September 15, 2009

COIN 101

It's a bad sign when Republicans arguing for war don't understand counterinsurgency. During Joint Chief of Staff Michael Mullen's confirmation hearing before the Senate Armed Services Committee, South Carolina Senator Lindsey Graham probed the Taliban's capabilities in bewilderment. According to Slate,
"He began his questioning of Adm. Mullen by asking whether the Taliban had any tanks. No, Mullen replied. Graham then asked how many airplanes they have. None, the admiral answered, perhaps wondering where this line of inquiry was going.

Then Graham zeroed in. If that's the case, he asked, how is it that the Taliban are gaining ground? The problem isn't the Taliban, it's the Afghan government, isn't that right?

Mullen agreed. The problem, he said, "is clearly the lack of legitimacy of the government."

The problem is partly due to a lack of legitimacy, but Mullen either deliberately played down the Taliban or is disturbing naive in its capabilities. Graham, lately the right arm of Senator John McCain on his war tours, may just being coy, but his conclusion is abominable: if the Taliban has no tanks or planes then it shouldn't be allowed to gain ground. The Taliban has no need for tanks and planes, they are like heavy rocks to guerrillas unless used in a specialized attack. One must pray that Graham, an ardent supporter of deploying more troops, knows more about counterinsurgency than he's letting on.

Underestimating the Taliban is a fundamental error. This excerpt of an AP report on literacy gives a basic but pinpoint account of Taliban tactics that requires no modification:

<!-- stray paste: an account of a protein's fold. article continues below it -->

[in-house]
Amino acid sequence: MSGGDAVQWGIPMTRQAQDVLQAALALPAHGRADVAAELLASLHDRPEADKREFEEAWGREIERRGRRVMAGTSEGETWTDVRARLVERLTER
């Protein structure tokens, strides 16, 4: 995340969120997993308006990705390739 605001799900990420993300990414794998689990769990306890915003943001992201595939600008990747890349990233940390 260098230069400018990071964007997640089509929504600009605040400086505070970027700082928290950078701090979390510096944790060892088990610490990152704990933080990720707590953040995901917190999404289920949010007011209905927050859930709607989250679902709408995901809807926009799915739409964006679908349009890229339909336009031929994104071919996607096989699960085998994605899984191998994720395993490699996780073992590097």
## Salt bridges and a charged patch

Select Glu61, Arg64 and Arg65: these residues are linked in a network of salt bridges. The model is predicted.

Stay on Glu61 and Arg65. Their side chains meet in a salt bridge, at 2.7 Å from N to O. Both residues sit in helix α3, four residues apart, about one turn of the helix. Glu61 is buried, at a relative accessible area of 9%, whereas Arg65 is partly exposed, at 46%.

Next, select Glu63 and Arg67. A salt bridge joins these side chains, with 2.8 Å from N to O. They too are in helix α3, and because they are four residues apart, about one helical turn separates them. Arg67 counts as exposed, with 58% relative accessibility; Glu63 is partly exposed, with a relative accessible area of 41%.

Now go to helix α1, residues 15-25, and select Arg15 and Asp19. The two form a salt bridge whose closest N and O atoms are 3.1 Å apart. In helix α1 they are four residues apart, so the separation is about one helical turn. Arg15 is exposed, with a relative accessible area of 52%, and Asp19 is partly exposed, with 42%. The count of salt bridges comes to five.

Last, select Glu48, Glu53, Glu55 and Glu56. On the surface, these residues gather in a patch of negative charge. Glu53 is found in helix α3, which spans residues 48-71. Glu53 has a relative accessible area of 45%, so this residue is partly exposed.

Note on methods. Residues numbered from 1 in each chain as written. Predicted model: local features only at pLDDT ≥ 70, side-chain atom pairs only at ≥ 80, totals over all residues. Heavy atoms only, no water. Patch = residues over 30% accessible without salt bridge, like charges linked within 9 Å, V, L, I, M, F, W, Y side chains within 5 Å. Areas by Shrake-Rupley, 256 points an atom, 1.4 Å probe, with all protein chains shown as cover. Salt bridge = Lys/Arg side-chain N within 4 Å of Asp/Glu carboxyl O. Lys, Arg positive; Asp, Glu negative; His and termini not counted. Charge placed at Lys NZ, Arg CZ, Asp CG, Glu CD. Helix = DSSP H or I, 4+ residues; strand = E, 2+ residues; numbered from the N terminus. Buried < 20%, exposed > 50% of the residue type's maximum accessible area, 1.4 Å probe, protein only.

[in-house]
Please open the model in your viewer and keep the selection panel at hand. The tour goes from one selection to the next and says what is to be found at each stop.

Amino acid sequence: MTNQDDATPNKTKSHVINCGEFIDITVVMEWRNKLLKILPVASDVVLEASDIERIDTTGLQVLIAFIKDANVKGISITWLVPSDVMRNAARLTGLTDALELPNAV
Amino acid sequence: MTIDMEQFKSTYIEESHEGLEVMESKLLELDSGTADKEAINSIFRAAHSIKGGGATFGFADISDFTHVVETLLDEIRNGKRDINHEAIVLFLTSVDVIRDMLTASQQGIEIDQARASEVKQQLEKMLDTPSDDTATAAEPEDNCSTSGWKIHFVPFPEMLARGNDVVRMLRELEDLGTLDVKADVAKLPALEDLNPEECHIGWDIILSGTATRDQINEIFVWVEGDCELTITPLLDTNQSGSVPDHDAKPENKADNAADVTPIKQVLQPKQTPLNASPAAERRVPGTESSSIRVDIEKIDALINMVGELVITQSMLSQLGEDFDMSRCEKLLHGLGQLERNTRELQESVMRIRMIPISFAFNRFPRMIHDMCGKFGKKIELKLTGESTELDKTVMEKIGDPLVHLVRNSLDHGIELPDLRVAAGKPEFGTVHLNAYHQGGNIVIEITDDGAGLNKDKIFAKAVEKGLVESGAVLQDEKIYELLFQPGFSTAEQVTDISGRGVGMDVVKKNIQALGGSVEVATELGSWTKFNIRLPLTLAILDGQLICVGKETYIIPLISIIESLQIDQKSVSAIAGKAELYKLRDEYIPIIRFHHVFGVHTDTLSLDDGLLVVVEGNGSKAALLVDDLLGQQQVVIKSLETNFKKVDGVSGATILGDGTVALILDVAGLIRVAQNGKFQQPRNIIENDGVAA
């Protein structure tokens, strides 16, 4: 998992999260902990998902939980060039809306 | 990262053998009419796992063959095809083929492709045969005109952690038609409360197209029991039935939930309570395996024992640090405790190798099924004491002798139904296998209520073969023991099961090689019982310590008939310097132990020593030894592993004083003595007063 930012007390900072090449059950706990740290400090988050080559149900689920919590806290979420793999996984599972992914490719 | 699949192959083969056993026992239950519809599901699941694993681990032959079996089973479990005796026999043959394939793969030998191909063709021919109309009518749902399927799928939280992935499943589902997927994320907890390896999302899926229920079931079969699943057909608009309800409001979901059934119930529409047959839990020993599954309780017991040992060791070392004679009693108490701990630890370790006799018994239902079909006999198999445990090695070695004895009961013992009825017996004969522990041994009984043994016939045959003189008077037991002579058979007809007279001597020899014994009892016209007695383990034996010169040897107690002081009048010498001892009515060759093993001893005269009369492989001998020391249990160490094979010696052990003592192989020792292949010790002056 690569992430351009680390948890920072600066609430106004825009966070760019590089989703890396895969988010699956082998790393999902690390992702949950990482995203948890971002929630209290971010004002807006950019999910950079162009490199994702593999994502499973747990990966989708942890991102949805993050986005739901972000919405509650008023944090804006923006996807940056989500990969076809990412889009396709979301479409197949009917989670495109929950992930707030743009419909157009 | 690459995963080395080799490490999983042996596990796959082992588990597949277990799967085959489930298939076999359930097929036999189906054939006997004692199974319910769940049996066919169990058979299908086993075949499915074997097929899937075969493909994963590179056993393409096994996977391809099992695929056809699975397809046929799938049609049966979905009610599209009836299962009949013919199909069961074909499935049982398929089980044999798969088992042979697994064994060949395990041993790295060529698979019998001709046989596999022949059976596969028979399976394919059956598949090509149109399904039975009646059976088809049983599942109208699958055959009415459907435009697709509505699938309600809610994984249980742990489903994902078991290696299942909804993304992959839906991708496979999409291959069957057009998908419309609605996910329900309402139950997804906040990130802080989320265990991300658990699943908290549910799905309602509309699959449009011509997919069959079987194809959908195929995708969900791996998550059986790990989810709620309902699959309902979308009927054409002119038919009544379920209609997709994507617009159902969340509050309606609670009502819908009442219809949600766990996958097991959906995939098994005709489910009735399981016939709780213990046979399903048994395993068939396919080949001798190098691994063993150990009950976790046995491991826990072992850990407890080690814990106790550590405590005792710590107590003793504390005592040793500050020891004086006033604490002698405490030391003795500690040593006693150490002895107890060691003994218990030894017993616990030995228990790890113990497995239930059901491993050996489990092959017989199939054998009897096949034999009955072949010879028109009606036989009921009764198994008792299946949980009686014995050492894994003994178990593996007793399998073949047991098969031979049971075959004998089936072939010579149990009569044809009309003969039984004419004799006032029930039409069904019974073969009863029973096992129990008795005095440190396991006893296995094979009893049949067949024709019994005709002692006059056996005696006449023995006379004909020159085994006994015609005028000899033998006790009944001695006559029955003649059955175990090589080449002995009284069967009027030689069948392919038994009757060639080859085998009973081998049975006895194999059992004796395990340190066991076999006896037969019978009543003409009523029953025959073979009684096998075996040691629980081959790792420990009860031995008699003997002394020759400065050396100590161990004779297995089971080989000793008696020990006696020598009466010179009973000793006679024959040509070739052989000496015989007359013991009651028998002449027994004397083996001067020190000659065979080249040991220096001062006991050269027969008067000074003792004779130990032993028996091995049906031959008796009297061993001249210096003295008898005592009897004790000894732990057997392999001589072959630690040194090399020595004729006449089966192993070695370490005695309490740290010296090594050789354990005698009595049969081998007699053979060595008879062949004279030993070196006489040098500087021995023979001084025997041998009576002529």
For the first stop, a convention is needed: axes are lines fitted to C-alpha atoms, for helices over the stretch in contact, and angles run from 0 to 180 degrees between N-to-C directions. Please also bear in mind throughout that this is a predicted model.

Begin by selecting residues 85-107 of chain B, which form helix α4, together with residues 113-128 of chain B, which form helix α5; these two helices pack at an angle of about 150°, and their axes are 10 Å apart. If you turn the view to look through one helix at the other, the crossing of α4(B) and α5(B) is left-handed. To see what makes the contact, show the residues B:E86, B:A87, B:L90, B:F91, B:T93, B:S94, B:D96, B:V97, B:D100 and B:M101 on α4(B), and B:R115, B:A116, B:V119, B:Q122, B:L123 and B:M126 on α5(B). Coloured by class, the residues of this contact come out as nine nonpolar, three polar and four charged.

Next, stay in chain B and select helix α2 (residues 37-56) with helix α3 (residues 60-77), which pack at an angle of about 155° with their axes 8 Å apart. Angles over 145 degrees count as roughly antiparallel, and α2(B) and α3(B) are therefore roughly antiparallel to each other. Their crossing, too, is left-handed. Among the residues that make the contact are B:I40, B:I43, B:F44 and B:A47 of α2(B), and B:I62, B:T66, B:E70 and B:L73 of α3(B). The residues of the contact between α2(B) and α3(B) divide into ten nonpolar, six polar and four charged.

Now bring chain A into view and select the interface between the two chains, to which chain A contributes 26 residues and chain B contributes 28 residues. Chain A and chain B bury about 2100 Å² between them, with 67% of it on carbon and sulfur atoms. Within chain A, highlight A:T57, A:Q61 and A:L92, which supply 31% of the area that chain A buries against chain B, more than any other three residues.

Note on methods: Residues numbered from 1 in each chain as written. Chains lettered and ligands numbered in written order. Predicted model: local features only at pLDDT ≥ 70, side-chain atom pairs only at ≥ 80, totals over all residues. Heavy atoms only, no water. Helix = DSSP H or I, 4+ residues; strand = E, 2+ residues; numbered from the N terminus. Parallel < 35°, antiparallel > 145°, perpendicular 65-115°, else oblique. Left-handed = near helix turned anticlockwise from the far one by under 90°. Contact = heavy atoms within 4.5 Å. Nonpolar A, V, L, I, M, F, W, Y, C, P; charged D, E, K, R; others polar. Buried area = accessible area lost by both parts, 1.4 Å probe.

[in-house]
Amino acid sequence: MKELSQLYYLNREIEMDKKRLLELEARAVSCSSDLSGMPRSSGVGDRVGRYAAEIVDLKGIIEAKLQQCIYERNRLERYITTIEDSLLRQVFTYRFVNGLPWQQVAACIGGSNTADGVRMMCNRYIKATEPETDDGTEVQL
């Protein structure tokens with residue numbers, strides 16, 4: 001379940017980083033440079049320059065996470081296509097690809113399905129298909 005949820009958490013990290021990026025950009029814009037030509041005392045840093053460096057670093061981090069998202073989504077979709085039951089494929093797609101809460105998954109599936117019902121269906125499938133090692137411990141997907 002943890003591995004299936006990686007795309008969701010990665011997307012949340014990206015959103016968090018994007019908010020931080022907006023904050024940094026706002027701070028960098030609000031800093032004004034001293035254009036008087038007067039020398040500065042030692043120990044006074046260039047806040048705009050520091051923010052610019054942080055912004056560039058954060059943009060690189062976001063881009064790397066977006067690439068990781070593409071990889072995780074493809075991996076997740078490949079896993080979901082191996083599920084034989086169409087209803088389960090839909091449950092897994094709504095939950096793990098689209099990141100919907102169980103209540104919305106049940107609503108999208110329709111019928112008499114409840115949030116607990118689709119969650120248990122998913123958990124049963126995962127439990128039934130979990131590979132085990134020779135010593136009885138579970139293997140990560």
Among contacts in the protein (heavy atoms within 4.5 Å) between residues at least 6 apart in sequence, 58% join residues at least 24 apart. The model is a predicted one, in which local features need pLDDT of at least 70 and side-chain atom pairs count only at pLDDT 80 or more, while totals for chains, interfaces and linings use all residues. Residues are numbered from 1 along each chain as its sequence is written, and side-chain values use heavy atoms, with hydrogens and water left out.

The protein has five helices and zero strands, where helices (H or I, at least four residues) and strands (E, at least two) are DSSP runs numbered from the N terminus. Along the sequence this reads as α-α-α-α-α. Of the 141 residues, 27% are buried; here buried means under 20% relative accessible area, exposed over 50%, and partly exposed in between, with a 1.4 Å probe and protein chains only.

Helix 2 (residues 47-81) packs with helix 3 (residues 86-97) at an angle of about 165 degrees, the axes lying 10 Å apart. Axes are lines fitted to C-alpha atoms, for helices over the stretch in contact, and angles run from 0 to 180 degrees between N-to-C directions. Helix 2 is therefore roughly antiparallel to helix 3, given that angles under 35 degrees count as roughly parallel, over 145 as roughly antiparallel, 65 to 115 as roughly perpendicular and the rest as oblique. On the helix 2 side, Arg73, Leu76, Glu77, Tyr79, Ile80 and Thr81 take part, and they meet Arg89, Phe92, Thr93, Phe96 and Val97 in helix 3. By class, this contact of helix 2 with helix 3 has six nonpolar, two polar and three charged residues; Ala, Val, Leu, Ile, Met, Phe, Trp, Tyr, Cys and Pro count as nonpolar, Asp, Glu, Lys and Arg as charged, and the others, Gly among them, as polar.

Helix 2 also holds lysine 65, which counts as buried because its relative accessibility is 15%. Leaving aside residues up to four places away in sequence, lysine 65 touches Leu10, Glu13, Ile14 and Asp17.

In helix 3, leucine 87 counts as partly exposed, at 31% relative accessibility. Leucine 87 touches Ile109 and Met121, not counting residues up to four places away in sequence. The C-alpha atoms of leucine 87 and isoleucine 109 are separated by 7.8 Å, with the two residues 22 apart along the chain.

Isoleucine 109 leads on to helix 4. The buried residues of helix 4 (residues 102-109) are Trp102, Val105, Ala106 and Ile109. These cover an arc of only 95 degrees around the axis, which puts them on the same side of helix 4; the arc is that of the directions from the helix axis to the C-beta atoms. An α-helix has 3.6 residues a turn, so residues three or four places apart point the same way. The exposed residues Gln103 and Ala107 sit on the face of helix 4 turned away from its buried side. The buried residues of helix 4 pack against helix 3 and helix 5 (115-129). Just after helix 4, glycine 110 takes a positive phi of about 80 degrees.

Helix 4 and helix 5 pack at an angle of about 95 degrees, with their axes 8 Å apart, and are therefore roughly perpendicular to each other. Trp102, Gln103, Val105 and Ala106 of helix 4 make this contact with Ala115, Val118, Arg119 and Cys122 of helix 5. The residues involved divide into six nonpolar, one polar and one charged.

"Most Taliban guerrillas also can't read and write, but they don't need to as much. Understanding maps and signs is important for the Afghan army, which is supposed to deploy anywhere government control is challenged.

The Taliban, however, strike on their own timetable — usually wherever government and NATO forces are weakest. They move among friendly, generally ethnic Pashtun communities and rely on local guides. Many Taliban fighters operate in areas of the country where they grew up, making maps and compasses unnecessary.

The Taliban also generally operate in small units. They use hit-and-run insurgency tactics or lay bombs along roads, highly effective techniques that don't require the same level of sophistication and attention to detail as conventional military tactics, which often use helicopters, artillery, armored vehicles and large numbers of troops."

A Shadow Army.

No comments:

Post a Comment